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Plasma Concentrations of Bupivacaine in Celiac Plexus Block
  1. Hinnerk Wulf, M.D.,
  2. Martin Gleim, M.D.,
  3. Christoph Maier, M.D. and
  4. Sabine Schulzeck, M.D.
  1. Department of Anesthesiology and Intensive Care Medicine, University Hospital of Kiel, Germany
  1. Reprint requests: Priv. Dot. Dr. med. Hinnerk Wulf, Department of Anesthesiology and Intensive Care Medicine, University Hospital, Schwanenweg 21, D 24105 Kiel, Germany.


Background and Objectives. Following stellate ganglion block, systemic absorption of local anesthetics is rapid. Pharmacokinetic data for local anesthetics following other blocks, such as celiac plexus blocks, are lacking.

Methods. Plasma concentrations of bupivacaine in venous blood samples following celiac blocks were measured in 10 patients using a high-performance liquid chromatography technique; 40 mL plain bupivacaine 0.25% was administered.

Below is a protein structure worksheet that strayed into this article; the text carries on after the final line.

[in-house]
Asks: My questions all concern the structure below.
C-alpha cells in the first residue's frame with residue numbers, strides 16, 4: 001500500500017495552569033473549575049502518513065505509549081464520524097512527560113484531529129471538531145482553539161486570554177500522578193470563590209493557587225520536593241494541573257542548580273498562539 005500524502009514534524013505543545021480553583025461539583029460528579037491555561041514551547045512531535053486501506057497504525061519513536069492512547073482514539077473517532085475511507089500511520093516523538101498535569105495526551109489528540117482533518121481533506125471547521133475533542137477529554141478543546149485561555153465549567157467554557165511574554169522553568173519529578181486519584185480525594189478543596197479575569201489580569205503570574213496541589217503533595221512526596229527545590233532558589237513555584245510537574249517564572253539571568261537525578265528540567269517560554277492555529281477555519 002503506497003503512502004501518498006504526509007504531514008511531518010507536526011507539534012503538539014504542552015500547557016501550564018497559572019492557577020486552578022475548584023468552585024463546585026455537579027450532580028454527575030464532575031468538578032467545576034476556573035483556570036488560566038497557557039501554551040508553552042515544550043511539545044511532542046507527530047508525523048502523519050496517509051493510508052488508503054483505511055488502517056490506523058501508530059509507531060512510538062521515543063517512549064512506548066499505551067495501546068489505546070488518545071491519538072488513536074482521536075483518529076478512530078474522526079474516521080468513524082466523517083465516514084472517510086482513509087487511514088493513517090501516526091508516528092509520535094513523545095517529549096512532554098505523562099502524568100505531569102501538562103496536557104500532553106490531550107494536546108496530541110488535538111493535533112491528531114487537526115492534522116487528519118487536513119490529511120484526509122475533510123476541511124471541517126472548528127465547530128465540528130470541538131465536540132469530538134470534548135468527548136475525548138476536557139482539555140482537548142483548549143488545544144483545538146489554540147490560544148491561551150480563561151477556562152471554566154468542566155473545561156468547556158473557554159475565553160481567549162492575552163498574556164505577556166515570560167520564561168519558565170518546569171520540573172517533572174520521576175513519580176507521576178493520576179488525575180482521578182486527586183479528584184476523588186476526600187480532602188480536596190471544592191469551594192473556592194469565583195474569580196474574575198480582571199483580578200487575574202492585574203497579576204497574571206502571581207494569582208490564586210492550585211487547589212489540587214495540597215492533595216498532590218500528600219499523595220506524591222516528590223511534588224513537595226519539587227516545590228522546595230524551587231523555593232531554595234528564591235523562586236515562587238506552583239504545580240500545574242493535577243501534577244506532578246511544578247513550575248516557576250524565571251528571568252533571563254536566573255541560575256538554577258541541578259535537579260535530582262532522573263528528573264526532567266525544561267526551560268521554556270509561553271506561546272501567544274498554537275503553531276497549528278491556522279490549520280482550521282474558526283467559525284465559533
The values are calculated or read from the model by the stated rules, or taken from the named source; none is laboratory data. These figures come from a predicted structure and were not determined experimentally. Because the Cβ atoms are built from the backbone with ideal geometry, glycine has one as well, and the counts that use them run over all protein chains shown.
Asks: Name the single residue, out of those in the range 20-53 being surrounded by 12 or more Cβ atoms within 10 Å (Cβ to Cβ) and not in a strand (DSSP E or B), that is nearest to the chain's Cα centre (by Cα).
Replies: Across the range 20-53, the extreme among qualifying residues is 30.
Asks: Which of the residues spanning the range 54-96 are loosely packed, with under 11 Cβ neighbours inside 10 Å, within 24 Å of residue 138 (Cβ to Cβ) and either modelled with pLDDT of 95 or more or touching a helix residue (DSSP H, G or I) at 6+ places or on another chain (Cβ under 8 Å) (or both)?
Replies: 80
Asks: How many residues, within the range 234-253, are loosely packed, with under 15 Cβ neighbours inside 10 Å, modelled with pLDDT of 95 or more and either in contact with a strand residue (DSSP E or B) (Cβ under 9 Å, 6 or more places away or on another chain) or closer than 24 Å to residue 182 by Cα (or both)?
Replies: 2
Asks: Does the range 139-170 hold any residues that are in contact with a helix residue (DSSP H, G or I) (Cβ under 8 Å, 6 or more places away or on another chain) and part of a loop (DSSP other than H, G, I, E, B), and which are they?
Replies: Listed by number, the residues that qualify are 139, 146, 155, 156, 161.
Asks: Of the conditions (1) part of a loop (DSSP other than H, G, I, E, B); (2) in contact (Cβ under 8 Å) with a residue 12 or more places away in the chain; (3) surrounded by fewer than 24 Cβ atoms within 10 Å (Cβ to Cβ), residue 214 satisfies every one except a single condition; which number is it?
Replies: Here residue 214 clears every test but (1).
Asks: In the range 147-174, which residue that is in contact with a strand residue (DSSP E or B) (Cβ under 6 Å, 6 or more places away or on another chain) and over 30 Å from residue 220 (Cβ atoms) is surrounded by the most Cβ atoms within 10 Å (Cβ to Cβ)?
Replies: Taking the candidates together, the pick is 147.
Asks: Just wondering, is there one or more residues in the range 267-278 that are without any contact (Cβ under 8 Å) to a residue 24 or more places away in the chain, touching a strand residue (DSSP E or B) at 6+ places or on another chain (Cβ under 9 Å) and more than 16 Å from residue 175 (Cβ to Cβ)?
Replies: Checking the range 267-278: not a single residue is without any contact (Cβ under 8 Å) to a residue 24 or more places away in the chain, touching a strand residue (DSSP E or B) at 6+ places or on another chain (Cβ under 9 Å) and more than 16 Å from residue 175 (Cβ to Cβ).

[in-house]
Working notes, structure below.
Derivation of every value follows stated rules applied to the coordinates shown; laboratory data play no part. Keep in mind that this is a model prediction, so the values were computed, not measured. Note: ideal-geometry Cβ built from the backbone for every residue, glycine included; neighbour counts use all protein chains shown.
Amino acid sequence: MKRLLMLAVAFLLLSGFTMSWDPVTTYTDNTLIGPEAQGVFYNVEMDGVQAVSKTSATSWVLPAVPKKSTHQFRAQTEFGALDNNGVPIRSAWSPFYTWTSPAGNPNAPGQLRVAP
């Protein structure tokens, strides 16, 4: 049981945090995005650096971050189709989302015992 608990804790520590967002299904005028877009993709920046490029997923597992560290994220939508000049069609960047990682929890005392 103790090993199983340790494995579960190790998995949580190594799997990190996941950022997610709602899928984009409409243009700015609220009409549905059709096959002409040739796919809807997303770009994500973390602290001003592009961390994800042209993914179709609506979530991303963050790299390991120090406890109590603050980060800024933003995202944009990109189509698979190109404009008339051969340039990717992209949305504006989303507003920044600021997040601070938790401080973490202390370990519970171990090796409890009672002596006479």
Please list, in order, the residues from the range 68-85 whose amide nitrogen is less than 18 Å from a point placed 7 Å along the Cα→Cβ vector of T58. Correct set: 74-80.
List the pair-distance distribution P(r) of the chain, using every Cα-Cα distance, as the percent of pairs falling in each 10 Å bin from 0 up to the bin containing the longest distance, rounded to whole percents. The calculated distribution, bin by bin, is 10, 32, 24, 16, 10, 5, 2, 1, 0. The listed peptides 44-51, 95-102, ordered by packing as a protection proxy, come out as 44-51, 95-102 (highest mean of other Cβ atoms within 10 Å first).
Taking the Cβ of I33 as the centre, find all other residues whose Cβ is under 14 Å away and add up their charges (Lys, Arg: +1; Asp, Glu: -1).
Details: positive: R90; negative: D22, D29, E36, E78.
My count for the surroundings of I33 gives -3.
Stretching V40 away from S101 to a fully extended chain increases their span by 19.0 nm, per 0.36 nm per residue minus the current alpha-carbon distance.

Results. Celiac plexus block resulted in maximum plasma concentrations of 0.7-2.5 mg/L bupivacaine (mean, 1.5 ± 0.6 mg/L). In 3 of 10 patients plasma concentrations above 2 mg/L occurred. The maximum concentrations were reached 10-30 minutes after the injection (17 ± 8 minutes). No clinical signs of central nervous system toxicity occurred. All patients showed hemodynamic stability following the blocks.

Conclusions. Maximum plasma concentrations of bupivacaine occur rather late following celiac blocks compared to stellate ganglion or intercostal blocks. The rather high plasma concentrations of bupivacaine indicate the need for appropriate clinical monitoring.

  • regional anesthetic techniques
  • celiac plexus block
  • local anesthetics
  • bupivacaine
  • plasma concentration
  • protein binding

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  • The work was done at the Pain Clinic of the Department of Anesthesiology and Intensive Care Medicine and the Institute of Pharmacology, University Hospital of Kiel, Germany.